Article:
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She published herself after agents said they loved her writing but couldn’t sell another memoir. “My mother is a writer and editor. I’m a graphic designer. Between us, we had all of the publishing skills we needed,” she says. Her book, based on her humorous blog, has been described as “Erma Bombeck meets Bridget Jones.”

She admits it’s been tough going: “When I sell a book, I can buy a Big Mac, and that’s about it. My last quarterly check, which is sitting on my desk waiting to be deposited, was $24.”

She worried about the stigma, too. “It’s almost like marrying beneath yourself,” she says. “It’s a matter of public record, and you can’t take it back once you’ve done it.”

Now that she’s been on “Oprah,” though, she has agents calling her. “One woman said, ‘If you want to write anything else at all, call me,’ ” she reports.

Both Mr. Wheaton and Ms. Roberts have published with Lulu.com, a Raleigh, N.C.-based print-on-demand publisher that has no upfront charges and keeps just 20 percent of profits on books sold.

Gail Jordan, Lulu’s director of public relations, says the recession is certainly helping her company. “Unfortunately, people have more time on their hands than before to finish that great American novel. Then people are taking it into their own hands and like the control they get. With Lulu, you control your copyright, you control your price,” she says. “Even people who haven’t lost their jobs are looking to supplement their income.”

She says the Internet has made people “savvier in general,” which encourages self-publishing. “Who needs a travel agent when you have Expedia? We’re much more used to taking things into our own hands and controlling them. Lulu is not going to tell me they don’t like Chapter 10,” she says. “It’s up to the marketplace to decide if it has value.”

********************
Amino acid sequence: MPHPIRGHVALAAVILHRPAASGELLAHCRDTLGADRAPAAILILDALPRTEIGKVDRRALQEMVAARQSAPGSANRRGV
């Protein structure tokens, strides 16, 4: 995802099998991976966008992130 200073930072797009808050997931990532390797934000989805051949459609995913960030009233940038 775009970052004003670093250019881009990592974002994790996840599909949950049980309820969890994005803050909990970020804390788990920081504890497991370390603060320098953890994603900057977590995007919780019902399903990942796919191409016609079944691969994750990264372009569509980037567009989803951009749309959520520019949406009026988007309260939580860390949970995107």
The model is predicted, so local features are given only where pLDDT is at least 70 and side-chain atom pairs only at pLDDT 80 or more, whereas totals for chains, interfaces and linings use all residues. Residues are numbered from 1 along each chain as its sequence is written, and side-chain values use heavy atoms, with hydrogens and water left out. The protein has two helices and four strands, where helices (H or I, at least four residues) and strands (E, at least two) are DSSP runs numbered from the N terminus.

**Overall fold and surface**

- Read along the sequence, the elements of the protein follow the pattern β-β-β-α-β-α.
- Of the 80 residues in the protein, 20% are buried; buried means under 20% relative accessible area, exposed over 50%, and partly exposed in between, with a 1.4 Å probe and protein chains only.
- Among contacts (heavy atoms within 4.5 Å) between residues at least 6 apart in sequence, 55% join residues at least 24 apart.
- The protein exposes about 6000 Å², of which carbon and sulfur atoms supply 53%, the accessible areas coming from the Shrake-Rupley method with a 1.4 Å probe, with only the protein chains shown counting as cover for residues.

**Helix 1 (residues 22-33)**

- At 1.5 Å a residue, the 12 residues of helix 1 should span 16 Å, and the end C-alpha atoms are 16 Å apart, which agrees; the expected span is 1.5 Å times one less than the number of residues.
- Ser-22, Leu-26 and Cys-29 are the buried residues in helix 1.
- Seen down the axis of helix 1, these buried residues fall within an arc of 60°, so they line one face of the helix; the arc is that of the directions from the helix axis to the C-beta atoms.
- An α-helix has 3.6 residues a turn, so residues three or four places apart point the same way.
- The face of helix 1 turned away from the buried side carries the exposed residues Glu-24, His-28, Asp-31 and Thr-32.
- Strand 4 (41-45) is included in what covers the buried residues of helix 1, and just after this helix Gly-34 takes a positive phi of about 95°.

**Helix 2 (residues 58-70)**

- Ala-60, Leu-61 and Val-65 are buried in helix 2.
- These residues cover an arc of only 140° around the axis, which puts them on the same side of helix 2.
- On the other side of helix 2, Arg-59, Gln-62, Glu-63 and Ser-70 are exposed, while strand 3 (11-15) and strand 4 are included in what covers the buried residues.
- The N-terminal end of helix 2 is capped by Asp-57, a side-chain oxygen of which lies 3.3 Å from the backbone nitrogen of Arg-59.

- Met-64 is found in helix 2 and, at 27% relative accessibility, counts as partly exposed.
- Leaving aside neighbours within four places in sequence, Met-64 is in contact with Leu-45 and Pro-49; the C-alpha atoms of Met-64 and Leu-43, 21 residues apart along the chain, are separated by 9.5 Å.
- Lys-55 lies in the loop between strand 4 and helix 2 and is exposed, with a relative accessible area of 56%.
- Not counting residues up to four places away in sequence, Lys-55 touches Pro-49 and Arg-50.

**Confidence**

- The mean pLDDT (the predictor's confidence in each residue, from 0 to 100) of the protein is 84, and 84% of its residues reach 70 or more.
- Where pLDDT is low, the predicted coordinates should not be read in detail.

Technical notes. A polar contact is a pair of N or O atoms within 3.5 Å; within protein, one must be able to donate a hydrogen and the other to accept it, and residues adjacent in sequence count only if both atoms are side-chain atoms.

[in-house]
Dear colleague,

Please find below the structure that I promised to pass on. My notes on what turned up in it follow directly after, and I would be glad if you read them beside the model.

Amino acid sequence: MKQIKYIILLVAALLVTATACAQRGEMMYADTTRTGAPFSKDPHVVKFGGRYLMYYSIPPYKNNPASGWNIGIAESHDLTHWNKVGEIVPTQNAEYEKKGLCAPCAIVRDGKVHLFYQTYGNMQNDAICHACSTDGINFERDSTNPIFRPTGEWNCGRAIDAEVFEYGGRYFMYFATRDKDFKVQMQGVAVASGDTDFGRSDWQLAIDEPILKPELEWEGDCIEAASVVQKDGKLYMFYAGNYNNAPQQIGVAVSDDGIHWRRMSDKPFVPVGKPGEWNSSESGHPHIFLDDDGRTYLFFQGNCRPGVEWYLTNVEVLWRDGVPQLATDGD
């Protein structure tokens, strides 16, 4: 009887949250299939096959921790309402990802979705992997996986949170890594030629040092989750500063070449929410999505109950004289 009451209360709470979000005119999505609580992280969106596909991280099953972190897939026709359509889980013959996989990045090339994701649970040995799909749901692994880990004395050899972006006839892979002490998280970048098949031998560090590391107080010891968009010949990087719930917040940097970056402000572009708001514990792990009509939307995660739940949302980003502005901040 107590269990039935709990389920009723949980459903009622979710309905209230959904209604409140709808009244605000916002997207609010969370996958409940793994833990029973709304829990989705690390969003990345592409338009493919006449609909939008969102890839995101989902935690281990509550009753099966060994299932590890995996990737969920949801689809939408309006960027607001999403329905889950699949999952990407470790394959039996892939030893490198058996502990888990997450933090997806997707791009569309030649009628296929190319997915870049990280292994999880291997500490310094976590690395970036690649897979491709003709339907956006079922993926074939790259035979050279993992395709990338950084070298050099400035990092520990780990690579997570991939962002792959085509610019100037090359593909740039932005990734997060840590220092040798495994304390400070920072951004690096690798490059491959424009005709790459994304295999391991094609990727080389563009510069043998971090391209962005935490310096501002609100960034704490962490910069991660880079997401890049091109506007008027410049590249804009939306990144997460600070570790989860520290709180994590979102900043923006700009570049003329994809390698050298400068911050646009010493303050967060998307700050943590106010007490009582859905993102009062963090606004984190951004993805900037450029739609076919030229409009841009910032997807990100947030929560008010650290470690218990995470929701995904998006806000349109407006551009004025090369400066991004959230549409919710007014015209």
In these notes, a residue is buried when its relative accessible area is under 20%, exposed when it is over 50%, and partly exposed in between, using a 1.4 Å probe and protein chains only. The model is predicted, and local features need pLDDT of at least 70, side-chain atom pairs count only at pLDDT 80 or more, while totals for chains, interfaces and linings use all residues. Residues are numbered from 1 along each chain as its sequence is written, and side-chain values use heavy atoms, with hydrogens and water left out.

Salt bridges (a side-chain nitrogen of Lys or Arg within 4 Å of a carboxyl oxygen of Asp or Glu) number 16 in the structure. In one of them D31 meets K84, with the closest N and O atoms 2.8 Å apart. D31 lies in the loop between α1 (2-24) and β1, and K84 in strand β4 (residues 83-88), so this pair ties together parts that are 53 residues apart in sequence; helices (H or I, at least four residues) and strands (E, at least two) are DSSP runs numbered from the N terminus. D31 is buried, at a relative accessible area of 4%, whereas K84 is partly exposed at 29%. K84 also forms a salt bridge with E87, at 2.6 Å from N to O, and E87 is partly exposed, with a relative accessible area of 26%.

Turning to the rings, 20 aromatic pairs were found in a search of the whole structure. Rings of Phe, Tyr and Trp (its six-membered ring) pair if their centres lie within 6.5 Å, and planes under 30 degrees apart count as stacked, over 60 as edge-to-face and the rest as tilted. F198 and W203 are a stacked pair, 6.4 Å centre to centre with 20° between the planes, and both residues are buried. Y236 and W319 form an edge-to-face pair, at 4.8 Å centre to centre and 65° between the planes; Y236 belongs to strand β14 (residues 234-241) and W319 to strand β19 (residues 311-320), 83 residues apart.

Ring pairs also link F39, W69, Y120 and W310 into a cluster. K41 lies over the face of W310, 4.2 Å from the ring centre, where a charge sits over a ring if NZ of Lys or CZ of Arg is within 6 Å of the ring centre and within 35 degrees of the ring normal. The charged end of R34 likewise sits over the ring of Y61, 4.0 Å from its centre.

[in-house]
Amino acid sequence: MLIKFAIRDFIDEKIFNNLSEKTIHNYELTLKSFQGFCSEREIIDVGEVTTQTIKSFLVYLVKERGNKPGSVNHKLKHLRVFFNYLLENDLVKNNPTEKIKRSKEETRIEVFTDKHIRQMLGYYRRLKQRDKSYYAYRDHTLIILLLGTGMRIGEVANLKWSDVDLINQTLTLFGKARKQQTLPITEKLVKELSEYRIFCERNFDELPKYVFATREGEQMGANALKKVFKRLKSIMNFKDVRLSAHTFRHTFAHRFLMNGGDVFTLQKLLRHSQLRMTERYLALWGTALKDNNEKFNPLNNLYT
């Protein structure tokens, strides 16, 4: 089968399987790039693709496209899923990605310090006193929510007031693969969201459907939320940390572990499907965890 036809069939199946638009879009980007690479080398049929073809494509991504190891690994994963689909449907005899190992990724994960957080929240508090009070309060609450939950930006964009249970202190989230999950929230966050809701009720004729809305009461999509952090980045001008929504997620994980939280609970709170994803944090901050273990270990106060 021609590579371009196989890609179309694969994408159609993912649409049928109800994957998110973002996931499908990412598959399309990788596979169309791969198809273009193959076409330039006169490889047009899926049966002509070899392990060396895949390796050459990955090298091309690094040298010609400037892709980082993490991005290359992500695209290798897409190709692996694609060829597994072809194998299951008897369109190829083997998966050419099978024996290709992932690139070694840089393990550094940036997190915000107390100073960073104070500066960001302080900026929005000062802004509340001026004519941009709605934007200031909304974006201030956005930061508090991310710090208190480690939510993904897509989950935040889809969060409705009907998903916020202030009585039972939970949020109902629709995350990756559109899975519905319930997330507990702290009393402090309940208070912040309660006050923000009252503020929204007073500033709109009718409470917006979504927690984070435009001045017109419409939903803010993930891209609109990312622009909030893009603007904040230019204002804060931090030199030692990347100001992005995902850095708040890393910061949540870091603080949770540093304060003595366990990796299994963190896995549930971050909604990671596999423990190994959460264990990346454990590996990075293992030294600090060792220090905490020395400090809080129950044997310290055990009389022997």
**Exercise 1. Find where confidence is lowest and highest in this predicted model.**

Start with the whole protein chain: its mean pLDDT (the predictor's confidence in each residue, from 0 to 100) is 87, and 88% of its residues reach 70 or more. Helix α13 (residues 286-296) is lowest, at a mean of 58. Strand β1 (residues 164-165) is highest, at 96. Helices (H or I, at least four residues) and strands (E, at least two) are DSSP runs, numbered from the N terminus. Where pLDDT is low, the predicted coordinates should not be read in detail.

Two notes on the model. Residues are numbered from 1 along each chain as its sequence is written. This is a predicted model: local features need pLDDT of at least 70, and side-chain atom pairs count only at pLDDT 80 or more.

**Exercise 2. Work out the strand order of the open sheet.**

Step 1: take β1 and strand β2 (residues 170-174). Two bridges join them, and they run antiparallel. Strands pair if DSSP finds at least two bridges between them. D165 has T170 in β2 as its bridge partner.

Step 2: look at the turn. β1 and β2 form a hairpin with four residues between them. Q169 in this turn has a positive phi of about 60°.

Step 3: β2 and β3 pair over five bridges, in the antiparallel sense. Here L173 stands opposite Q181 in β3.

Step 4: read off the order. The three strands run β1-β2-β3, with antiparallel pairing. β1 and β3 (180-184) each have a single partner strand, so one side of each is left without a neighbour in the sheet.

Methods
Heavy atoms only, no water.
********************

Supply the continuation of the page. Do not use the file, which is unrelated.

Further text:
Anyone can self-publish, too. “It’s so ridiculously easy. We have 6-, 7-, 10-year-old kids publishing on our site and doing it themselves.” Those who want help for formatting or cover design can buy those services through Lulu.

The majority of self-published books aren’t selling like “The Da Vinci Code.” Neither are most mainstream books — and there certainly are self-published successes. Ms. Jordan confirms that Mr. Wheaton’s “Sunken Treasure” is “selling hand over fist.” And the Lulu-published “My Stroke of Insight” by Jill Bolte Taylor went on to get picked up by Viking Press.

“Penguin and its subsidiary imprints all have self-published books in their catalogs past and present,” says Viking and Plume President and Publisher Clare Ferraro, who discovered the book when hearing the author’s “incredibly affecting” talk at the Technology, Entertainment, Design (TED) conference. “There isn’t a belief here that self-publishing is stigmatized.”

“Jill’s incredible story and its mainstream appeal were immediately evident. Coupled with the remarkable viral effect of the author’s TED conference online and the universal and profound messages in ‘My Stroke of Insight,’ Viking could not pass up the opportunity to give such a deserving book a large-scale publication,” she says, adding that Viking is not trimming its list.

An author can get his or her Lulu book in days. One also can self-publish within minutes, thanks to the increasing popularity of e-books. Amazon.com allows authors to upload a book in minutes and see it for sale in its Kindle store within hours.

April L. Hamilton has done just that. Her two novels are available as Kindle books and paperbacks, and she has published the IndieAuthor Guide to help others do the same. “At last, we’re living in a time when authors can go ‘indie,’ just like musicians and filmmakers before them,” she enthuses.

She had an agent but couldn’t get published — like Ms. Roberts, she found people liked her work but thought it couldn’t sell. She entered Amazon’s Breakthrough Novel Award contest on a whim and got dozens of glowing reviews from the site’s customers.

“I decided maybe New York editors don’t really know what the book-buying public wants,” she says. “I think the publishing industry is looking more like the movie industry all the time. Big, mainstream publishers want blockbusters and sure things. They can’t cover their overheads on books that only sell a few thousand copies. But that doesn’t mean a book that’s destined to sell only a few thousand copies isn’t a good book that would be very much enjoyed by its audience. And many an aspiring author would be very happy with a loyal readership of a few thousand.”

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